The Health Benefits of Reconnecting with Old Friends & Flames

Preventing loneliness as you age can help both your body and brain


According to the Annals of Behavioral Medicine, 15-30% of people are chronically lonely, a condition that extends to both people under 18 and over 65. Loneliness can be especially concerning for seniors 70 and up because it develops slowly. Over time, people fall out of touch with old friends, children visit less, and social calendars decline.

And loneliness takes a toll: feeling alone is frequently a predictor of depression onset in one to two years’ time. Living alone also poses a significant risk factor for early death.

Preventing Loneliness

Psychology Today reports that people in their 50’s can curb encroaching isolation through the joy of reunions. Everyone has that old friend or ex-lover they wonder about. Our lives can get so busy, we fall out of touch. Or we think about a lover from long ago, and wonder if they remember us, or if they’d want to hear from us again. Regardless of your age, reuniting with that person can bring a wealth of benefits both physical and psychological.

Try looking up an old friend now–just enter their name and search billions of online records.

The Health Benefits of Ongoing Friendships

The good news is that positive social interactions can actually deliver physical health benefits. “Being with old friends is like slipping into your favorite pajamas — there’s instant relaxation, which reduces stress,” explains licensed clinical counselor, Rachel Noble, in AARP’s Staying Sharp blog. “You connect on a deeper level, since you know each other so well.”

And it’s especially good for your brain. A 2016 study in the Proceedings of National Academy of Sciences reported that healthy interactions can reduce blood pressure and inflammation, both of which can can have a negative effect on brain health if untreated. The study concluded that social interactions are on par with diet and exercise for mitigating health risks.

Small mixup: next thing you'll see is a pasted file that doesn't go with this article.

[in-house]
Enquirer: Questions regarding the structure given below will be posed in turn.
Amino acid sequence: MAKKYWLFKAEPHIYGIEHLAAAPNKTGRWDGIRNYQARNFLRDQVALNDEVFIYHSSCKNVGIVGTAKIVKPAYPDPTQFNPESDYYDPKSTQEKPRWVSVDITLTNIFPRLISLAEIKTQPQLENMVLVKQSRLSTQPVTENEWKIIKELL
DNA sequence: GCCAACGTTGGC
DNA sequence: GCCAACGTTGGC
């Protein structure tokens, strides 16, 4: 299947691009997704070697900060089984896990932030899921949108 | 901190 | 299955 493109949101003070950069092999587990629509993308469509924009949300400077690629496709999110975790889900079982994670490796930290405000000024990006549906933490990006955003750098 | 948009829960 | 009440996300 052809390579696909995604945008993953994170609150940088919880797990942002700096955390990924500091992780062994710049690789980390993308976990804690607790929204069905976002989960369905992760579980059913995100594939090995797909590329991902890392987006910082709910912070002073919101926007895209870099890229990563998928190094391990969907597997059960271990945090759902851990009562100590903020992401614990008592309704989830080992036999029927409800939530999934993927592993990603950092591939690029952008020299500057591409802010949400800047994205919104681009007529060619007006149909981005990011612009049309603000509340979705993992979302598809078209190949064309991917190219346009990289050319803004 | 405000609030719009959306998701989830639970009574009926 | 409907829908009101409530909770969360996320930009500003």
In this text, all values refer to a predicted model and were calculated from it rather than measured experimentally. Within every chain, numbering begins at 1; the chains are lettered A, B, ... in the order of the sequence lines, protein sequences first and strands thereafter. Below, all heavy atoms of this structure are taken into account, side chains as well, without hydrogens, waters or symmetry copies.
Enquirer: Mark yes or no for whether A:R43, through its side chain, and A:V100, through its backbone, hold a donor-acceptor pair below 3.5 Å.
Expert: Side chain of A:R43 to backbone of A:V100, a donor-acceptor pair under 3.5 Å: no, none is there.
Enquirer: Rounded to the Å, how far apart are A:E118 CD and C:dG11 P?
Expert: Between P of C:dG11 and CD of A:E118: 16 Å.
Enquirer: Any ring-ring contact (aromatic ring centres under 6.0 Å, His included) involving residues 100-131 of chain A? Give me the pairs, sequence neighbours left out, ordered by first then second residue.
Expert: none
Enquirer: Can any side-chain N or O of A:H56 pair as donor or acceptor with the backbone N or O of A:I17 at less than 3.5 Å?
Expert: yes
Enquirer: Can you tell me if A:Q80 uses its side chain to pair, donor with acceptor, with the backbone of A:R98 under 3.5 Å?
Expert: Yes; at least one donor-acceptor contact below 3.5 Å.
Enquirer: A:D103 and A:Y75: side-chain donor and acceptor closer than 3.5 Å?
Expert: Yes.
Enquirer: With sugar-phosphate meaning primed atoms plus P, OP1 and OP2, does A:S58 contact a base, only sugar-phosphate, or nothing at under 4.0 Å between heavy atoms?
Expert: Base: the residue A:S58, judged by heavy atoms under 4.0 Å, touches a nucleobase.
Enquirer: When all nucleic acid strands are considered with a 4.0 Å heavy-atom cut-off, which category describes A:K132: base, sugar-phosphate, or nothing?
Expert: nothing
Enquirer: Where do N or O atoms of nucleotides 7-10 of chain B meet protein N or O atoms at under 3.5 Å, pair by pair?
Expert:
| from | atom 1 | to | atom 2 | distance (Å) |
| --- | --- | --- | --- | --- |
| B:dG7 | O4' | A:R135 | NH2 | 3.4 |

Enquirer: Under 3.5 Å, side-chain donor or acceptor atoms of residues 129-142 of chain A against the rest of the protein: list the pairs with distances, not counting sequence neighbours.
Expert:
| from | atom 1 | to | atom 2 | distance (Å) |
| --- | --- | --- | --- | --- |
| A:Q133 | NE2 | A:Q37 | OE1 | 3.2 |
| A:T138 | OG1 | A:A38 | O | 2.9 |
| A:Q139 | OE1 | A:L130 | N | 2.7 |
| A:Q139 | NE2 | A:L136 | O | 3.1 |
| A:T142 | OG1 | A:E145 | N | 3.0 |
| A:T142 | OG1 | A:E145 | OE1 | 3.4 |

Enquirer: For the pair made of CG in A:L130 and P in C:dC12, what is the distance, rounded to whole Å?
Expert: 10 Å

Search an old friend or lover using an online records search now!

finding old friends

Reconnecting with Old Flames

Reuniting with a former boyfriend or girlfriend from high school or college awakens an even deeper bond. The neurological attachment that occurs between young lovers can actually be akin to the bond a baby forms with its mother, according to Discover Magazine. Hormones like vasopressin and oxytocin forge a sense of closeness in these relationships. If an old love was your first, or was the best or most intimate relationship you had, the neurological mark is even more pronounced.

How to Find Old Friends and Love Interests

Whether you’re surrounded by friends and family or you’re beginning to isolated, reconnecting with old loved ones may be a healthy addition to your life. Here are a few ways you can reach them (even after all these years):

  1. Give them a call. Lost their number or have an outdated one? No problem! Perform a name search to find updated phone numbers.
  2. Send a card. Even if it’s been years since you last knew where they lived, you can find their latest address by running a name or reverse phone search.
  3. Connect on social media. Even if you only have an old email address, you can still use it to find social profiles so that you can connect and say hello.

We wish you continued happy connections and new reunions!